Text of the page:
This is not the first time a Chinese task force has entered the Indian Ocean. Over the last decade the PLA-Navy has passed through the region many times to participate in UN and EU backed counter-piracy missions off the Horn of Africa. But this time it is different. China has a military base at Djibouti. Its ‘One Belt One Road’ strategy has enabled it to build extensive port infrastructure in Pakistan and Sri Lanka.
As things stand now, it is in the interest of China to have Yameen in power. Because opposition leader and former President Mr. Mohamad Nasheed has antagonised China by saying that it has grabbed land from the Maldives. China will want to do its utmost to keep him away from power.
China’s interests in Maldives are so significant that, even though they have taken strident action against corruption in China, they choose to close one eye to the rampant corruption in Maldives.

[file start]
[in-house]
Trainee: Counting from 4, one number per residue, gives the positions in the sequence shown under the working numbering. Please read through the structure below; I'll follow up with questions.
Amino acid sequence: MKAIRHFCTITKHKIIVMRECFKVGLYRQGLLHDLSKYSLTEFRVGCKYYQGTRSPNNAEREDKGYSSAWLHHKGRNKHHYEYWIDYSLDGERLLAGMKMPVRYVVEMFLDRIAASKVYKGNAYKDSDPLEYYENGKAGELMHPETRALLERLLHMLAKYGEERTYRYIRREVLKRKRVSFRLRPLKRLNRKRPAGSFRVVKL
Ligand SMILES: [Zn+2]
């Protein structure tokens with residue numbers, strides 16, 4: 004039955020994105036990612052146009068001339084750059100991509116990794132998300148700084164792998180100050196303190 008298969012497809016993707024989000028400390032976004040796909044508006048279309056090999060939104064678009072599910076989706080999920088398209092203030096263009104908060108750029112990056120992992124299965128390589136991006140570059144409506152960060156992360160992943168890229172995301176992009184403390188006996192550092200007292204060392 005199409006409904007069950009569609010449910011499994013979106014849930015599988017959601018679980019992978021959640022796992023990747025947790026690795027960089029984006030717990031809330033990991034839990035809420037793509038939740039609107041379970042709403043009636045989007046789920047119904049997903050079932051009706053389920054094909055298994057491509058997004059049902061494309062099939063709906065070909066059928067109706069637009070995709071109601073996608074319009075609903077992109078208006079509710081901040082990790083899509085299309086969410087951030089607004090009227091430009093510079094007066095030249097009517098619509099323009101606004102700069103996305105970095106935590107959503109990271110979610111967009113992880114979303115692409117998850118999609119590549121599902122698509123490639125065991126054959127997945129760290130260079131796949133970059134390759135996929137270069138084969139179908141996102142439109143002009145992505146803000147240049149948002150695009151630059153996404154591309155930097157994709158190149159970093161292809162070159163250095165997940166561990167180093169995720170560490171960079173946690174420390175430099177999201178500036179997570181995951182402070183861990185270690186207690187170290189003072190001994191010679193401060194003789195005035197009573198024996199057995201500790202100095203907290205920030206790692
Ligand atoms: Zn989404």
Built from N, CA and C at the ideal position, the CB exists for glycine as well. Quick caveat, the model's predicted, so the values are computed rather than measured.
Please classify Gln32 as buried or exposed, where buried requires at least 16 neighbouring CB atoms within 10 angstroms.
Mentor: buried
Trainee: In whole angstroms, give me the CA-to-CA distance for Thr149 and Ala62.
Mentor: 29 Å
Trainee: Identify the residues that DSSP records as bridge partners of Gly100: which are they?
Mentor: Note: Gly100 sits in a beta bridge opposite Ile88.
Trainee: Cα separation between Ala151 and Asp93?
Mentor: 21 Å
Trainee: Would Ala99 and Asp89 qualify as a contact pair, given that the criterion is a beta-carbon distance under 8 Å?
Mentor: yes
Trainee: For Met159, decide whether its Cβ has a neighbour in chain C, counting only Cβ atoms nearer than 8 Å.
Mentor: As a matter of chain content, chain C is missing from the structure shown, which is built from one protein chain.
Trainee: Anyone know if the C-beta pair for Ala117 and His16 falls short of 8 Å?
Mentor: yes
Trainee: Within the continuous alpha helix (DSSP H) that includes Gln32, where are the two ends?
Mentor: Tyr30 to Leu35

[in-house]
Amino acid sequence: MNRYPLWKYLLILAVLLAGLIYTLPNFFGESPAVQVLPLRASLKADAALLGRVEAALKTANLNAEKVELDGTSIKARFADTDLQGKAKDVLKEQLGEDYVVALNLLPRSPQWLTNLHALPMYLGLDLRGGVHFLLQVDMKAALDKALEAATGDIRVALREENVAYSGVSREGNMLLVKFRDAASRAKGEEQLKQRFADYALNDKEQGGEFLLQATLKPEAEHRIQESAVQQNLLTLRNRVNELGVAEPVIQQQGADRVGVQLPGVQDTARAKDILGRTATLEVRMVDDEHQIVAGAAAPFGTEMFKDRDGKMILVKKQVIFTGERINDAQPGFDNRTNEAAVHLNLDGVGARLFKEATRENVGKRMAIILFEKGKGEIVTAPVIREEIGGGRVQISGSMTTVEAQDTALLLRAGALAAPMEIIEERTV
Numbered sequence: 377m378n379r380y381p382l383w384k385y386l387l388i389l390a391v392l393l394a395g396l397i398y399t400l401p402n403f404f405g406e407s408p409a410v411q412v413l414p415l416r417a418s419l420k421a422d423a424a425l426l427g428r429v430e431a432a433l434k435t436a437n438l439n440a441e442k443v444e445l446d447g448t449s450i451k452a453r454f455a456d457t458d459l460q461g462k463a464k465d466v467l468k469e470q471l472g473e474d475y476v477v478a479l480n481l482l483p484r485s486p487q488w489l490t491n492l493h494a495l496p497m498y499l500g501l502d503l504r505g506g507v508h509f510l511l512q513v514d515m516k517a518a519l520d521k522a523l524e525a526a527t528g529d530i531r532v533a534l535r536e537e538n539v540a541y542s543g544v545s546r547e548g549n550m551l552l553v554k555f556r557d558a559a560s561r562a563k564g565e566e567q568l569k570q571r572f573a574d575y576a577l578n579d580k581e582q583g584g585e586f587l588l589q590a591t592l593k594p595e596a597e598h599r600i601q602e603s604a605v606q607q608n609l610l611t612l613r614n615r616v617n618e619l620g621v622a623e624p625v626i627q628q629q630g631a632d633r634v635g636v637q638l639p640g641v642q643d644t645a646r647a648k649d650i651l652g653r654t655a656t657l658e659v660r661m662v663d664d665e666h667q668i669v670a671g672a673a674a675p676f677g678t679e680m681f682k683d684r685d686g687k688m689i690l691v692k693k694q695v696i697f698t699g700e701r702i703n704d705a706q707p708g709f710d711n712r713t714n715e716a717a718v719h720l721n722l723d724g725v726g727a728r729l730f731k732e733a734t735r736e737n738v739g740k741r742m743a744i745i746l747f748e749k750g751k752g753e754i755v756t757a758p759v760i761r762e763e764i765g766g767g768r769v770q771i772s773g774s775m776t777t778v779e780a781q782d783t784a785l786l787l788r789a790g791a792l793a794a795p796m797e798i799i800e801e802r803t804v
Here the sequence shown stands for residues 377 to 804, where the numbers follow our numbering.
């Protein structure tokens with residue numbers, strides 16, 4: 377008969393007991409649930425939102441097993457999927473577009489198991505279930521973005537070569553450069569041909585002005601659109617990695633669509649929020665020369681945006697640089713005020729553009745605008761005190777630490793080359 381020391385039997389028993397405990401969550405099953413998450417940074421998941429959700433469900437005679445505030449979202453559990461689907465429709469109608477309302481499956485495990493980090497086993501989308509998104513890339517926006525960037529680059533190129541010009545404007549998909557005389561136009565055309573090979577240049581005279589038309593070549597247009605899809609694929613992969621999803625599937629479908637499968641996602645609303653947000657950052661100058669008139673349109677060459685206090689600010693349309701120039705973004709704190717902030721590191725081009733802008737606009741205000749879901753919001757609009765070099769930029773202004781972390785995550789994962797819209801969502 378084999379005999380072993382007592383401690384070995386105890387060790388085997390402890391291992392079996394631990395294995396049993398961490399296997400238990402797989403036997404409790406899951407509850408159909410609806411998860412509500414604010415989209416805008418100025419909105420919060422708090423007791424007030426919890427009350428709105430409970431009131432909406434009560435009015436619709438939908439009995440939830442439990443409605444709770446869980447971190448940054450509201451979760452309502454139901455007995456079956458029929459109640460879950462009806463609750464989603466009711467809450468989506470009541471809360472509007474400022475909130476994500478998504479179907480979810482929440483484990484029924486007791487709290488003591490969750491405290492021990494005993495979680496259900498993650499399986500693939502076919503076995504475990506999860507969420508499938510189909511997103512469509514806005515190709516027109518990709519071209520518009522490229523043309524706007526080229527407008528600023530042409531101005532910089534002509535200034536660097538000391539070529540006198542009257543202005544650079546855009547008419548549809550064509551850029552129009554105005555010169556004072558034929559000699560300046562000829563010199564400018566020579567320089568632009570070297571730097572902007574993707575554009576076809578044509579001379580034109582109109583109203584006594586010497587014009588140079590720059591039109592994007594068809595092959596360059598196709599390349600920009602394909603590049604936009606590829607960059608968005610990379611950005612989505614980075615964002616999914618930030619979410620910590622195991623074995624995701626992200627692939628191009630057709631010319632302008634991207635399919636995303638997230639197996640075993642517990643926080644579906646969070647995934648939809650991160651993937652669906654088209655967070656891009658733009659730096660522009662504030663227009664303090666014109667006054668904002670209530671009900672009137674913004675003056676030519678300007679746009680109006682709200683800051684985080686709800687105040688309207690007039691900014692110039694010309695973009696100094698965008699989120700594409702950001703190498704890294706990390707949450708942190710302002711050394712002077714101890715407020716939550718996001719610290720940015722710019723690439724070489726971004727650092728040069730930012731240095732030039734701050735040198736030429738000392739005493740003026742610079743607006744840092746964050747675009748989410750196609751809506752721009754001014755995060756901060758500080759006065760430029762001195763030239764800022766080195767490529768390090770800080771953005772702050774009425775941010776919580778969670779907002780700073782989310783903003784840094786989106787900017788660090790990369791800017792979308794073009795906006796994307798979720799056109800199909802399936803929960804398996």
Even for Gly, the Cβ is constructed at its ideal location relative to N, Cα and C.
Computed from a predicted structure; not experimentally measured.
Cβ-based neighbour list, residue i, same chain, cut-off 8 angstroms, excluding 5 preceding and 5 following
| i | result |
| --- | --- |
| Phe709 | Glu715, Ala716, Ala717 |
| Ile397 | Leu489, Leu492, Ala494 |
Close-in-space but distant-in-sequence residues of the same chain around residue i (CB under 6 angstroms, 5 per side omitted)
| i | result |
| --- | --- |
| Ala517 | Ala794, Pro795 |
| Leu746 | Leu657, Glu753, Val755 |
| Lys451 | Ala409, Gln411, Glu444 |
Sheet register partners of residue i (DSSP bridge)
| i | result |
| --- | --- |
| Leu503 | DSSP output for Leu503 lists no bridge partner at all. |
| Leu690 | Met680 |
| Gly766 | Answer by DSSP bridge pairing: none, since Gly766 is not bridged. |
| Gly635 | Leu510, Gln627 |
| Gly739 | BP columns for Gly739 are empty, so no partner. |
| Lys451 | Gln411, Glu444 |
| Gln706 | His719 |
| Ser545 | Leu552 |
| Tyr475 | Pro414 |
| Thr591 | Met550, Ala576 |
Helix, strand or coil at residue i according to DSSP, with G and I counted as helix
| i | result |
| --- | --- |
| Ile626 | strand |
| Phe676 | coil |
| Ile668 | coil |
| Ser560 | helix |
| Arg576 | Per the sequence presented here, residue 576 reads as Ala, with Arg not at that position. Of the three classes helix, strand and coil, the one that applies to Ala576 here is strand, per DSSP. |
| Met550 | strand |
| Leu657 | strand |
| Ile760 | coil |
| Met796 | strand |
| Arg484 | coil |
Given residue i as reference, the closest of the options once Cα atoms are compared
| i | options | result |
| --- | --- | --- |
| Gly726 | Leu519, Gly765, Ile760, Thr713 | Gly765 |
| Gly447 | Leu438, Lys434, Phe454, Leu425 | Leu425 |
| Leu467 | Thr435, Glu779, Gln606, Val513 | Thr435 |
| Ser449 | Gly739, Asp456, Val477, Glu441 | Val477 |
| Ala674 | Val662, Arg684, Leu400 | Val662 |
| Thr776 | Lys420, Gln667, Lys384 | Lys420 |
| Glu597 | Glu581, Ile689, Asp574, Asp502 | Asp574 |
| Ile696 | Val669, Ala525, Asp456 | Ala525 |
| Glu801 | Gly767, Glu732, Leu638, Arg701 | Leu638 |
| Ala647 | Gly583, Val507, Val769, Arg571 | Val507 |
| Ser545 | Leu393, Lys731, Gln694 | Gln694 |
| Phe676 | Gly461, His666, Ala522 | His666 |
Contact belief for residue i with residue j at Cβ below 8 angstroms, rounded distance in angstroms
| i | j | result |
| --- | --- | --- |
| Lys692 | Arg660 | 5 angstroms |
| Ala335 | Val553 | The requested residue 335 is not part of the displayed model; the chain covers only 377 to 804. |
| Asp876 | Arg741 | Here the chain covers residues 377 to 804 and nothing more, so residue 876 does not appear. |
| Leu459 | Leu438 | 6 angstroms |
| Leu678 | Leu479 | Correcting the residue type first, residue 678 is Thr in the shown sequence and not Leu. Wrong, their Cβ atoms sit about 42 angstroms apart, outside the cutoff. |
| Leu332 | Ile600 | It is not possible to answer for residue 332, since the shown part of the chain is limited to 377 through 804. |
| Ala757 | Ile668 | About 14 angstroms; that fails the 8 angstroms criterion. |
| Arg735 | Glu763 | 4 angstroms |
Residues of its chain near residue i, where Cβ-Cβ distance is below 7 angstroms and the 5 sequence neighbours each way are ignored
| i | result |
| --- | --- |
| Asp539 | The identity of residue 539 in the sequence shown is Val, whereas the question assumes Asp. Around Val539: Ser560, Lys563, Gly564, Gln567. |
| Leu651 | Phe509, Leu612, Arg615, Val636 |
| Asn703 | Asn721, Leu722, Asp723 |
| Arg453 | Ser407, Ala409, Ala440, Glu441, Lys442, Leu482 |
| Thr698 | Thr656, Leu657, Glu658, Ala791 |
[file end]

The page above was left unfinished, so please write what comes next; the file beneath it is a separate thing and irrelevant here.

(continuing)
They also do not have a choice, because the opposition refuses to engage with them despite many overtures made by the Chinese.
China is not concerned about the potential collapse of a fragile democracy, not even its own investment in the island. But, control of the Indian Ocean is important for the success of its ambitious ‘One Belt, One Road’ project and to keep India under check. If things take a turn for the worse in the Maldives, China can emerge as an international hero by quickly landing its troops in a “humanitarian intervention”.
The presence of Chinese warships in the Indian Ocean is a deterrent to Indian intervention, even in the most peaceful form.
The Indian Express reported, at present, the Indian Navy has two detachments of Advanced Light Helicopters (SAR variant) and the Indian Coast Guard has a Dornier aircraft positioned in the Maldives. The report added that the Indian Navy is currently undertaking a month-long exercise ‘Pashchim Lehar’ in the Arabian Sea. The military exercise is reportedly seeing the participation of more than 40 warships. Some of these warships are close to Maldives.